Hillary Says Women Who Voted Against Her Caved To Pressure From Fathers, Husbands [AUDIO]

Chuck Ross Investigative Reporter
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Hillary Clinton has an explanation for why women — white women, in particular — voted against her last November: they caved in to pressure from their husbands, fathers, boyfriends and male bosses.

Clinton made the excuse during an interview with NPR’s Rachel Martin during a promotional tour of her book, “What Happened.”

In the interview, Clinton was asked why, given that she was the first female presidential candidate, she fared worse than expected among female voters.

In typical Clinton fashion, she deflected the blame, suggesting that women who voted against her were somehow manipulated by men in their lives. She also claimed that “sexism” from supporters of Bernie Sanders might have played a part in her poor showing among female voters.

“You yourself in the book acknowledge that a good number of young women didn’t vote for you, which is presumably not a sexist choice. They just weren’t inspired by your message,” NPR’s Martin said to Clinton.

“I think it’s a lot more complicated than that,” the former secretary of state responded.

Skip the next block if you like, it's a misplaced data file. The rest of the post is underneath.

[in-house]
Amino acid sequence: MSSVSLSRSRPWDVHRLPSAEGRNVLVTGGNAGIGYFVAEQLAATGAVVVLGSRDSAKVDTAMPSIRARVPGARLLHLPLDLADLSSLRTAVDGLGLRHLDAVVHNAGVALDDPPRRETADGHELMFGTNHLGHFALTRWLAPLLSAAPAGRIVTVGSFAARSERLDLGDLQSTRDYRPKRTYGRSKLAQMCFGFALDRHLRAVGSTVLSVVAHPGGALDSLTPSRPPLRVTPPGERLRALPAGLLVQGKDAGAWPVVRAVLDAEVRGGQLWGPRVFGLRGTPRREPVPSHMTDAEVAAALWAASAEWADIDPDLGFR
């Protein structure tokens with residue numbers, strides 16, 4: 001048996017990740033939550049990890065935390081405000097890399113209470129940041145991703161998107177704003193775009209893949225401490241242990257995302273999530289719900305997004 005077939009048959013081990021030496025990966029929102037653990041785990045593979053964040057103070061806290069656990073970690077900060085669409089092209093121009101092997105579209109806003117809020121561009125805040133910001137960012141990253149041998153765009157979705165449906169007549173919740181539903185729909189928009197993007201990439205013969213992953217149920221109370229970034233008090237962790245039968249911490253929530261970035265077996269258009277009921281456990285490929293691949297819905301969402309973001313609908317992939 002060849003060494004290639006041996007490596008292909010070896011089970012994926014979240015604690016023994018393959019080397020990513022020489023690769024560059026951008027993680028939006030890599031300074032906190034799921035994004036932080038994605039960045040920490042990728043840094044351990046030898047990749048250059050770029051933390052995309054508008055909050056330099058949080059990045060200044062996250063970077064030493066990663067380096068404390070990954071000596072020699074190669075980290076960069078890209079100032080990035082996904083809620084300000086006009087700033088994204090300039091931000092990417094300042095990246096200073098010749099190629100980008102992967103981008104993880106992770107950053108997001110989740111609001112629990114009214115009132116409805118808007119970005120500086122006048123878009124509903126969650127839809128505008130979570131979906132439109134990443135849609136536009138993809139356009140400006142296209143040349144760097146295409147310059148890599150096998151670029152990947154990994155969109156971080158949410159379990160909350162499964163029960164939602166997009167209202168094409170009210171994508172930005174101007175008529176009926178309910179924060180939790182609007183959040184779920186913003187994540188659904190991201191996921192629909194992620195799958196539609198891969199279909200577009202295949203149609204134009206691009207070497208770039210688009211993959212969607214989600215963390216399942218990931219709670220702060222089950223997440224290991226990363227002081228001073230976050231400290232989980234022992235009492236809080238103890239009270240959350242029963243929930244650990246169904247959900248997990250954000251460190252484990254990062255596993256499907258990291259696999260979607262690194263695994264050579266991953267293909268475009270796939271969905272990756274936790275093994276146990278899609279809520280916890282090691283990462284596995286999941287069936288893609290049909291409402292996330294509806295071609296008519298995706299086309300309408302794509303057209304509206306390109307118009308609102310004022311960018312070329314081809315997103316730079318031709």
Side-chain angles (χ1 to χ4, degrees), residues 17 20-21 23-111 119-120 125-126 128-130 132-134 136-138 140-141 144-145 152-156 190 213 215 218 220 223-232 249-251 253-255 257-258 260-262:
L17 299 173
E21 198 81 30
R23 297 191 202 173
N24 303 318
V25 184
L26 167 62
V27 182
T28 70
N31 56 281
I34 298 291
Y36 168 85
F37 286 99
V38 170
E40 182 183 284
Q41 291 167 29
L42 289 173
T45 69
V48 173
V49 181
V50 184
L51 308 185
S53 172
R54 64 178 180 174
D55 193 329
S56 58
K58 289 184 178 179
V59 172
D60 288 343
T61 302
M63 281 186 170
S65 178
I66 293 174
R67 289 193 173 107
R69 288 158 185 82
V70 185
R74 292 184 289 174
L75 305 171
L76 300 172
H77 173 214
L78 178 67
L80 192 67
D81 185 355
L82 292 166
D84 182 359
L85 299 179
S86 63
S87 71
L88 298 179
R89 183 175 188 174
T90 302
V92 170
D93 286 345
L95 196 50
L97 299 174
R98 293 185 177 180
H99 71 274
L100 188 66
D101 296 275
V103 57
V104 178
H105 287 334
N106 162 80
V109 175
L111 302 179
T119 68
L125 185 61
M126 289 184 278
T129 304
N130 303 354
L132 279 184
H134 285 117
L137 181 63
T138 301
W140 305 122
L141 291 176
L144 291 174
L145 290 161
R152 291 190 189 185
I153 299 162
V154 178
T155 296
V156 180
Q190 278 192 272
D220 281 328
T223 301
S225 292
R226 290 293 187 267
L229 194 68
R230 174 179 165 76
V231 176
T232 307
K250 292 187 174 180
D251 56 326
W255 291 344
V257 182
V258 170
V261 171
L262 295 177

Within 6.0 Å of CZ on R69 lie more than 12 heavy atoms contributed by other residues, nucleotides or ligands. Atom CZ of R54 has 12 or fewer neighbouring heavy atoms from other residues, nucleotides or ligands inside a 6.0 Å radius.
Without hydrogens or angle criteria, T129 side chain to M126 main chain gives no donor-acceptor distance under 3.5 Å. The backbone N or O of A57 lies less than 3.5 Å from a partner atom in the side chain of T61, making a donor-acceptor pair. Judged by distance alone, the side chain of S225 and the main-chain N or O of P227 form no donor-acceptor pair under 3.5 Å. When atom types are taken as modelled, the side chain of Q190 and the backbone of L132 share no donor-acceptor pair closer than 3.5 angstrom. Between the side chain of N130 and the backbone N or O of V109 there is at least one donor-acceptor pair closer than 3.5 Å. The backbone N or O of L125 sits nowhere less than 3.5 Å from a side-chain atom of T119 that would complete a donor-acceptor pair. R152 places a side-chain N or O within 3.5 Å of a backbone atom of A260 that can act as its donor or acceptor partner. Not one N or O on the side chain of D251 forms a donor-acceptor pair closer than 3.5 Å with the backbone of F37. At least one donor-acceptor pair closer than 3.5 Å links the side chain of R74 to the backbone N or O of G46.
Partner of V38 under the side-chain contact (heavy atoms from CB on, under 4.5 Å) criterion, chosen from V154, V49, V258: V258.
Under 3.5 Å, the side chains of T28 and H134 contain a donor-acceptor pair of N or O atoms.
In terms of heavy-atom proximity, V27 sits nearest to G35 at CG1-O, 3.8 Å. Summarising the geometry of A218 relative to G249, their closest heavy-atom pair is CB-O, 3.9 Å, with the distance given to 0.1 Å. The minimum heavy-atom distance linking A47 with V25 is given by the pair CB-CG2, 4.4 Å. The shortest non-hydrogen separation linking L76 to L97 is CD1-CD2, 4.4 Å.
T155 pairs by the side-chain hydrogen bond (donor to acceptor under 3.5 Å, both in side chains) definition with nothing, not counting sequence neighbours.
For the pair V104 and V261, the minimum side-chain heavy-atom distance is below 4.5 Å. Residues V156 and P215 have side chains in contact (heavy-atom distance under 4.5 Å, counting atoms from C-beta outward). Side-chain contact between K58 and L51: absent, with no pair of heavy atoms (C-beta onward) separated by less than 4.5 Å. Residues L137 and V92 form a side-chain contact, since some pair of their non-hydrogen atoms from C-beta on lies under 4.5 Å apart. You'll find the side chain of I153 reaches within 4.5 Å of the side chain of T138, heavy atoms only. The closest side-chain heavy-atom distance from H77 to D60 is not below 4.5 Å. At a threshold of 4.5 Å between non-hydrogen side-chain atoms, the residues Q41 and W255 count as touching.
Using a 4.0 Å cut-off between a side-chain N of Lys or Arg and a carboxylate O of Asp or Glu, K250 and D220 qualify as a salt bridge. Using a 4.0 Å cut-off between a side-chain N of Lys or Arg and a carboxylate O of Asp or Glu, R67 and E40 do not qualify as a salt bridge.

“I did win the women’s vote. I didn’t win the vote of white women, but I got more white women votes than Barack Obama did,” she said, taking a subtle shot at her former boss.

Clinton then told a story of a conversation she had with Facebook chief operating officer Sheryl Sandberg, the author of “Lean In: Women, Work, and the Will to Lead.”

Clinton said that Sandberg told her that “the more professionally successful a man is, the more likable he is; the more professionally successful a woman is, the less likable she is.”

“Women will have no empathy for you because they will be under tremendous pressure — and I’m talking principally about white women — they will be under tremendous pressure from fathers, and husbands, and boyfriends and male employers, not to vote for ‘the girl,'” Clinton continued, relaying Sandberg’s thoughts.

Clinton then took a dig at Vermont Sen. Bernie Sanders, her primary opponent.

“And we saw a lot of that during the primaries from Sanders supporters, really quite vile attacks online against women who spoke out for me, as I say, one of my biggest support groups, Pantsuit Nation, literally had to become a private site because there was so much sexism directed their way.”

According to exit polls from the 2016 election, Clinton carried 54 percent of the female vote compared to Donald Trump’s 42 percent. Clinton carried 43 percent of white women while Trump won 53 percent of that demographic.

The numbers were similar for Obama’s 2012 victory over Mitt Romney. He carried 56 percent of the female vote, and won 42 percent of white women.


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